to who is talking to who. michael: let's take a deep dive into the bloomberg. i want to bring back the italian election as a major moment for the markets. but how big is it? there is talk about collapsing banks of the referendum loses. here's the spread of the italian 10-year note. it is nowhere near where we were in 2012 during the midst of the greek crisis. bailout, peak in the then the second when mario draghi said they would do would ever it took to save the euro zone. so we are long way from the systemic crisis we saw three or four years ago. francine: this is a clever way of looking at how we price risk. it depends on if investors are jumping at shadows.
december 4,dum on this coming sunday. i wanted to focus on the french elections. this is very clearly a yield curve that is steepening in very clearly a yield curve that is steepening in france. france is the purple one. the u.s. is the right one. in blue, you have germany. i wish i had also put in italy. you can see that the steepening curve for the u.s. and germany actually diverging quite a lot. joining us now is bny mellon's chief strategist. simon, if you go back to my chart it is clear that the ecb has a blanket of safety. you see them trying to break up because they are pricing in political risk. are you worried? simon: nowhere near as much as if this were happening two years ago. the reason for that is quite clearly the ecb since 2015 has
done an astonishingly good job at the sovereign market. i remember they managed to isolate greece away from everything last year. that stood in sharp contrast to what you saw between 2010-2012. should we be worried about the possibilities of what could happen in the italian banking system and the uncertainty if mr. rensy steps down after the referendum? perhaops, but in terms of sovereign risk -- francine: that could do what? technocratic government, that they could shy away from these exercises? simon: the concern is that would lead us through to a state sector, and a resolution story
and potential billings -- bailings which would be politically unacceptable. n italiano have a general election by 2018. talkingthink we are about any of the true extremes thathe italian system people might have assumed 18 months ago. i don't think this would lead to a referendum on eu membership. francine: legally, you can't. simon: i think these things don't feed through. is it concerning? yes,. does this look like an existential issue for the eurozone? no. has the ecb done a good job of managing those risks? yes, absolutely. michael: you look at my chart, it all starts with and whatever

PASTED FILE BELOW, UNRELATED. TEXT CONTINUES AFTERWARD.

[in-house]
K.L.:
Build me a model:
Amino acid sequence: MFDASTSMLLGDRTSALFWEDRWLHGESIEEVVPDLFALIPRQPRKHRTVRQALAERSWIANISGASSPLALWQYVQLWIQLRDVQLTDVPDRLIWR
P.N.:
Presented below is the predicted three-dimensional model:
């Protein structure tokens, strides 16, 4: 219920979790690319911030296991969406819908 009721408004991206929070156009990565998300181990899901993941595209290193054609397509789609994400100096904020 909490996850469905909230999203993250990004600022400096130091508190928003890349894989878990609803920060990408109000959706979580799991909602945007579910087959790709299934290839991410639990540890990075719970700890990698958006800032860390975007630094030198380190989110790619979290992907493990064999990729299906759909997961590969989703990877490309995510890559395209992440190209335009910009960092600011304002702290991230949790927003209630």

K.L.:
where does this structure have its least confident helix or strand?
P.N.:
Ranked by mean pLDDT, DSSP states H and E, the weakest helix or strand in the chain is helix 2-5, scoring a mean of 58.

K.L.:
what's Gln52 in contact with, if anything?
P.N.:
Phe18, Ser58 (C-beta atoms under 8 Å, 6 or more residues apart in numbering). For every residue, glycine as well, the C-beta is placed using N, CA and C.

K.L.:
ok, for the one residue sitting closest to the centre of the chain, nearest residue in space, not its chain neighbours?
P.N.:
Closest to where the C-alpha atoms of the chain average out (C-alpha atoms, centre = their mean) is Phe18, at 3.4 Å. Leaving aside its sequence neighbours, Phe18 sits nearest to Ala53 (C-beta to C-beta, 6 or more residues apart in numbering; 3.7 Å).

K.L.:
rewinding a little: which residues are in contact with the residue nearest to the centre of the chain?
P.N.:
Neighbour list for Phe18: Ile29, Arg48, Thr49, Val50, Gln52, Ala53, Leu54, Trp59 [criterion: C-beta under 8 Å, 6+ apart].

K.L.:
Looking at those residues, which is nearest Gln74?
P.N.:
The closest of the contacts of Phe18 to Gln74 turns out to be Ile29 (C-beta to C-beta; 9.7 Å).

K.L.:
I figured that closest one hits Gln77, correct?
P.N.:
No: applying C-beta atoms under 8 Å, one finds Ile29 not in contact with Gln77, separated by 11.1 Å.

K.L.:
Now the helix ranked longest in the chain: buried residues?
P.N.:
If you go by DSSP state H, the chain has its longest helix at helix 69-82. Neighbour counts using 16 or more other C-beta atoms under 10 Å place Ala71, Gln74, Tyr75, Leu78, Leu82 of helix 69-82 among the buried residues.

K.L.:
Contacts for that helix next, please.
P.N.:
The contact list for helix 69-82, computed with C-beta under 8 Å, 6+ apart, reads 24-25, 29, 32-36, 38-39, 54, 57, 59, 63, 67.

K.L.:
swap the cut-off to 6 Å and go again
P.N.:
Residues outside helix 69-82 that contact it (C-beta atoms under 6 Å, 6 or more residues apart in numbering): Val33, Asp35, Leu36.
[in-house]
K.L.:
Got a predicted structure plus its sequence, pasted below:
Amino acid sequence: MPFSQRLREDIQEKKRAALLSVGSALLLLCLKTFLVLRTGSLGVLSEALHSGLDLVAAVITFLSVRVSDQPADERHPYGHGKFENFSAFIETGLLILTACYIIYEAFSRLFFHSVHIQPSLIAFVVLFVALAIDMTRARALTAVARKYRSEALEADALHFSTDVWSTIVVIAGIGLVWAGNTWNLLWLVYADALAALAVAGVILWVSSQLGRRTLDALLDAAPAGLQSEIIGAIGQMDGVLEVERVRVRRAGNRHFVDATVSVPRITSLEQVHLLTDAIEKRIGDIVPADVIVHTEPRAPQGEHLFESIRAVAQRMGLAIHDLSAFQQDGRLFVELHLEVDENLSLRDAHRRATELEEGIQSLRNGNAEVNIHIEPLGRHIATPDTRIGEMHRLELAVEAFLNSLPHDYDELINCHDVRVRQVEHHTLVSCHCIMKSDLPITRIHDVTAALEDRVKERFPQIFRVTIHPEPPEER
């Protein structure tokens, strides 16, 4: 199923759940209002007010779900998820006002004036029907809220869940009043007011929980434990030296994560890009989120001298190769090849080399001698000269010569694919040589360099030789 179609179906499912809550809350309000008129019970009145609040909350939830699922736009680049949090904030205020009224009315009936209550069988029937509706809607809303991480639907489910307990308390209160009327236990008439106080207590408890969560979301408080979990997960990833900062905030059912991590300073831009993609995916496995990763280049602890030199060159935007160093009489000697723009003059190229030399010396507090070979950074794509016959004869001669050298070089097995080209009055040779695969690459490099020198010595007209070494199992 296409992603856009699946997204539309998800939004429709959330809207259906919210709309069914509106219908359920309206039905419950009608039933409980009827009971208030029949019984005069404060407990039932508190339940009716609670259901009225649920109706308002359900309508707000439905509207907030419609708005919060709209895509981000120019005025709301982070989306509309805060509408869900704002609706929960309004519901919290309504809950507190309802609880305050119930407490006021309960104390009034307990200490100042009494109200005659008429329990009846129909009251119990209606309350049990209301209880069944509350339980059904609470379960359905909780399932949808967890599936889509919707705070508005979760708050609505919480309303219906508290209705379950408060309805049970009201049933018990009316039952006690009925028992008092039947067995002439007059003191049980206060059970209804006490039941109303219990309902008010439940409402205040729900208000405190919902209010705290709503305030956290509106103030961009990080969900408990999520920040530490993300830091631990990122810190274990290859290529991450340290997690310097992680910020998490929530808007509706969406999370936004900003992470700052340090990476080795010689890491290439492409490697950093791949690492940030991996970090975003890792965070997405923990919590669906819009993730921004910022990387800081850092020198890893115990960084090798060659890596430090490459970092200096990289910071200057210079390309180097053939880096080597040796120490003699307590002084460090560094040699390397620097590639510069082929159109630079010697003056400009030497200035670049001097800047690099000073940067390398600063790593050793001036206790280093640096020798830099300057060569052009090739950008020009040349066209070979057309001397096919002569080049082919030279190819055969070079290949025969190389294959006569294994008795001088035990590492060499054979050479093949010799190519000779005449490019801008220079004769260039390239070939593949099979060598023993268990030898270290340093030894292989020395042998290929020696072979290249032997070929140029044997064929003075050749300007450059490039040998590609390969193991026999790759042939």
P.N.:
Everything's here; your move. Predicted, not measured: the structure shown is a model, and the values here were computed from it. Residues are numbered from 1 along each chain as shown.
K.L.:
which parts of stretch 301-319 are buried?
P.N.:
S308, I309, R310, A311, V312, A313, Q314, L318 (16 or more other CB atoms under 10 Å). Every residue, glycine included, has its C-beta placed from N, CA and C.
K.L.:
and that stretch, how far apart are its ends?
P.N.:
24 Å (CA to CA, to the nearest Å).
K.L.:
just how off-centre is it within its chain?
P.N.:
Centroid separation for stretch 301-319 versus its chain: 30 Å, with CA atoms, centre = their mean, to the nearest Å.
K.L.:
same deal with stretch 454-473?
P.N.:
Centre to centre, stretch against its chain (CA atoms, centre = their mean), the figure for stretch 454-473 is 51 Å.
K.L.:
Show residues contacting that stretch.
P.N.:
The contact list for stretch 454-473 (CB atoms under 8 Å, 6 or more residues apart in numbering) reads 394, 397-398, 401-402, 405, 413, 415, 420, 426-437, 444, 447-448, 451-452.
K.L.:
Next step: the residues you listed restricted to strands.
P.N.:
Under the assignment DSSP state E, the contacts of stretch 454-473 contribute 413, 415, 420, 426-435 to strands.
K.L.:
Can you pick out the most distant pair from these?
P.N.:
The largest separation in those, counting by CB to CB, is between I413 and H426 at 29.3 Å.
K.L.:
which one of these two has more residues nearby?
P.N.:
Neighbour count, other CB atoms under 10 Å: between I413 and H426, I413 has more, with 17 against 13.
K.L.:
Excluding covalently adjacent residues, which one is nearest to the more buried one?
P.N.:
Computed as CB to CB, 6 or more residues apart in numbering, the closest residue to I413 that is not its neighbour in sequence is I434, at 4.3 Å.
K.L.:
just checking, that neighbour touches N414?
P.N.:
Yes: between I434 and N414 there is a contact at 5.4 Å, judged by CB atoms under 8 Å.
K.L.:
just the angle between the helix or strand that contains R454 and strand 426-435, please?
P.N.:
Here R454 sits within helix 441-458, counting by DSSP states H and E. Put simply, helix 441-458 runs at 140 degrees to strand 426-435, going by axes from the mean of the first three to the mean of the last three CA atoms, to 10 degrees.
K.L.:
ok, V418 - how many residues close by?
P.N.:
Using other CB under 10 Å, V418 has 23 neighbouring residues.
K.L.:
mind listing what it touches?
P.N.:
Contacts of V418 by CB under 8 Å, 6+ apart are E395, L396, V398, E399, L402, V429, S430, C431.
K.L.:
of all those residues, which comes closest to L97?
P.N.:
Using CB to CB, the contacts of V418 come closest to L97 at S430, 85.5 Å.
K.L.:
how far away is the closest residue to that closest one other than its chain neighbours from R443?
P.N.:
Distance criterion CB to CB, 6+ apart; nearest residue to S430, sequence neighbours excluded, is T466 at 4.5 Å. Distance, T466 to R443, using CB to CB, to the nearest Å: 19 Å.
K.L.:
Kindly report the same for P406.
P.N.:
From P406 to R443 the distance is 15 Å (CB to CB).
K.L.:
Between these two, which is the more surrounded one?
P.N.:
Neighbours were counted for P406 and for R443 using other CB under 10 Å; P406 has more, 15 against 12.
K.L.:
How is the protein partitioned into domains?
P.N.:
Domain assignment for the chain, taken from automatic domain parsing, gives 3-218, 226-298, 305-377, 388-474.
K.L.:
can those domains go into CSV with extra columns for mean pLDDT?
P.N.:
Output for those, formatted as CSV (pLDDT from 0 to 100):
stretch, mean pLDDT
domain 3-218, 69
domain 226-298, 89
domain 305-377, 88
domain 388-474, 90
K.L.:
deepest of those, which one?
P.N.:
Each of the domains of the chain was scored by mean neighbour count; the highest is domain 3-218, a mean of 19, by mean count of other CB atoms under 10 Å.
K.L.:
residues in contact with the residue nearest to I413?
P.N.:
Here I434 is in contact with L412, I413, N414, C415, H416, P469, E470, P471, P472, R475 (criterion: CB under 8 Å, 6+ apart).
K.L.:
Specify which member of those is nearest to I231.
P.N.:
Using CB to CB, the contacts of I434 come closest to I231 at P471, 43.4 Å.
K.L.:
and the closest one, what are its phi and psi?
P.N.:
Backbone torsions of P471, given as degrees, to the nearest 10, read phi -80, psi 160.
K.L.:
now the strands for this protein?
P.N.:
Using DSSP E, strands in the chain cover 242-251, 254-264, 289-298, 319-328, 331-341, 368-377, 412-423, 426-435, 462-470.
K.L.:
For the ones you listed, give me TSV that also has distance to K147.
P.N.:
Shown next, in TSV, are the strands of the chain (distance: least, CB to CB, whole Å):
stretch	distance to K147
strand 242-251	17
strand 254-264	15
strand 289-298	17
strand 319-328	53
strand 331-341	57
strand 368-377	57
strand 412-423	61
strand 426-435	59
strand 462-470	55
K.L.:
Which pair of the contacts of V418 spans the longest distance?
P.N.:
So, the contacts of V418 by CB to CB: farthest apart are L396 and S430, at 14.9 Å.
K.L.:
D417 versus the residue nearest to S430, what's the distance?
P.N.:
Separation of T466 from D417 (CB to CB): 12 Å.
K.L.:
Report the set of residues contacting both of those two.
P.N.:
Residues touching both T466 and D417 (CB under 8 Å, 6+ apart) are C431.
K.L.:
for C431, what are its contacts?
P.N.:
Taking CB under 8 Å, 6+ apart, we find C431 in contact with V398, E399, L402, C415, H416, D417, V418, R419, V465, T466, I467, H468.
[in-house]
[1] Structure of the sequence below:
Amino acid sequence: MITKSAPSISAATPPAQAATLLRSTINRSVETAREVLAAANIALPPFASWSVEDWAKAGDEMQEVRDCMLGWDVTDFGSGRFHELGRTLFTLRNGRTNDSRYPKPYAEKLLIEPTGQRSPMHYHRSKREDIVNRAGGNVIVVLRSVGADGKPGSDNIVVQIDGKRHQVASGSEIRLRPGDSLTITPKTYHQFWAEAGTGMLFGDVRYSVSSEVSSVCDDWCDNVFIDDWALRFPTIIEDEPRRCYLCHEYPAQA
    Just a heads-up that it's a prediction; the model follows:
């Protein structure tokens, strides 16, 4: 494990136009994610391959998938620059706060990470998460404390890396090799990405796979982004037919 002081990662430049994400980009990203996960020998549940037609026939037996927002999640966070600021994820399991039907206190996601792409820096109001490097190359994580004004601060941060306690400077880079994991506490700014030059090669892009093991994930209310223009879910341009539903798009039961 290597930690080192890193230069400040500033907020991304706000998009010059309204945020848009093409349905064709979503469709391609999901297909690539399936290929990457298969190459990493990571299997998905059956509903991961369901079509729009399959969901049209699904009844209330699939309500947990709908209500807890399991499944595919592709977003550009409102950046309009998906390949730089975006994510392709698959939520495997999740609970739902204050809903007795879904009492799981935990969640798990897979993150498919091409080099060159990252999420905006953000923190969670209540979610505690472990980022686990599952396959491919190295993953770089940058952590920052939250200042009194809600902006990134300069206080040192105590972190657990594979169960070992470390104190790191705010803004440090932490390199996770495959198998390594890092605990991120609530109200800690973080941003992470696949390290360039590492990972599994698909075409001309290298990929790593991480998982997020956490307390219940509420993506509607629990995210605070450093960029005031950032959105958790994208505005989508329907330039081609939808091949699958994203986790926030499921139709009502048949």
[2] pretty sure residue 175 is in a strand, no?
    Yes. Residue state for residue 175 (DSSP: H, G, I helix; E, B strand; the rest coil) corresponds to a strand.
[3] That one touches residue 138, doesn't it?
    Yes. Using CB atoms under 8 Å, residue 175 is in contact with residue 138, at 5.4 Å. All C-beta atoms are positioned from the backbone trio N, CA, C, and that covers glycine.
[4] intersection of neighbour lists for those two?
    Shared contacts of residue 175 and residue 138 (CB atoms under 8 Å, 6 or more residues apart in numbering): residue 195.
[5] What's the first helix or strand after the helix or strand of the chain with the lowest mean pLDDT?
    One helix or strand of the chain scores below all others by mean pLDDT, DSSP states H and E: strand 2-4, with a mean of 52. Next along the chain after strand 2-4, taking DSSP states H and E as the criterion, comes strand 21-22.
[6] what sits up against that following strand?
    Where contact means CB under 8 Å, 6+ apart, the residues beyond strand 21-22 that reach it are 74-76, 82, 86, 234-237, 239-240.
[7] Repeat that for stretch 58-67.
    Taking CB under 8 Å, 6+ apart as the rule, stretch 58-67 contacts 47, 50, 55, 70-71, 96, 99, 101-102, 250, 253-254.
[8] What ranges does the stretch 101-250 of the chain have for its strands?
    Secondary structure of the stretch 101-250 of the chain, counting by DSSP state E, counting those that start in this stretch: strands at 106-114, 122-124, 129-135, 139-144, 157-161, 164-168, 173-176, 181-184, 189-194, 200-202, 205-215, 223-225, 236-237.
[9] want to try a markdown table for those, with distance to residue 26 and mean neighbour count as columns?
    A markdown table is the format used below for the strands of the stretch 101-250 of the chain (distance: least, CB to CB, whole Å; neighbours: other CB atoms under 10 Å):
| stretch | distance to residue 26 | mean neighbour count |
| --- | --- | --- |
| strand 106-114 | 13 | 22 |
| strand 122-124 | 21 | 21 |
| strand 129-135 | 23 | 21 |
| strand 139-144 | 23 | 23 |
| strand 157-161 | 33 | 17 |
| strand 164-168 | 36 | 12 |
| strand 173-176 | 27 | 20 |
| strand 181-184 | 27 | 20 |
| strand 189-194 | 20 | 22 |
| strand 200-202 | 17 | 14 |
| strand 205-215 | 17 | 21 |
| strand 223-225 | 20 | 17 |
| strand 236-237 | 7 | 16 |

it takes comment by mario draghi. bondshey bought as many in some countries as they can. whatare they going to do, still can they do it they have to go back to the whatever it takes mode? simon: the first thing is thankfully from the perspective the fact that the yields are backed up does make it easier for them to continue buying. there was that concern they would have to move out to lower yields. highnk there is a likelihood they will extend out the program. abouts the great debate buy, whether they change the rules and regulations a little bit. i think they will possibly have to look at that. otherwise, the risk they will have if the market reacts negatively to the meeting. been one of the biggest
stories over the last two years, the market risk. go back to this time last year and look at the response you saw to the euro on the back of the disappointment of how the ecb did. we were up three or four big figures in fairly short order. look at the negative response back in march. you end up with a strengthening euro that goes back to the one term. michael: let's leave the idea of a black swan out of the italian referendum. have this point a new president of the united states promising significant change. yet the brexit vote -- you have vote hanging over everything. you have france. the market seems to -- we seem to have turned the corner in trade. what is it going to be like in 2017? how do you trade? how is it different from what
we've done coming out of the financial crisis? simon: something you mentioned earlier, we don't yet have any strong ideas of what a donald trump presidency will actually look like. i think that is absolutely right . there is been an awful lot of assumptions within the market about what it could be. i think that for me right now, i am thinking about the next two months, not the next 12. it is astonishingly similar to the end of last year and the beginning of this year. dy completelybo built into the fed rate hike. we have the ecb meeting coming up. we have an opec meeting that was about to fall apart in december of last year. we had a rising tensions in china about the currency. all of that fed through into a and risk-off in december january. let's look at what happens this
month and next month and how the fed response to that before we start thinking about how it could play out beyond that. francine: thank you got we're back with simon derrick. we will speak with catherine mann at the oc be. -- ecb. we will be talking about the new forecast and talk about italy, france, this is bloomberg. ♪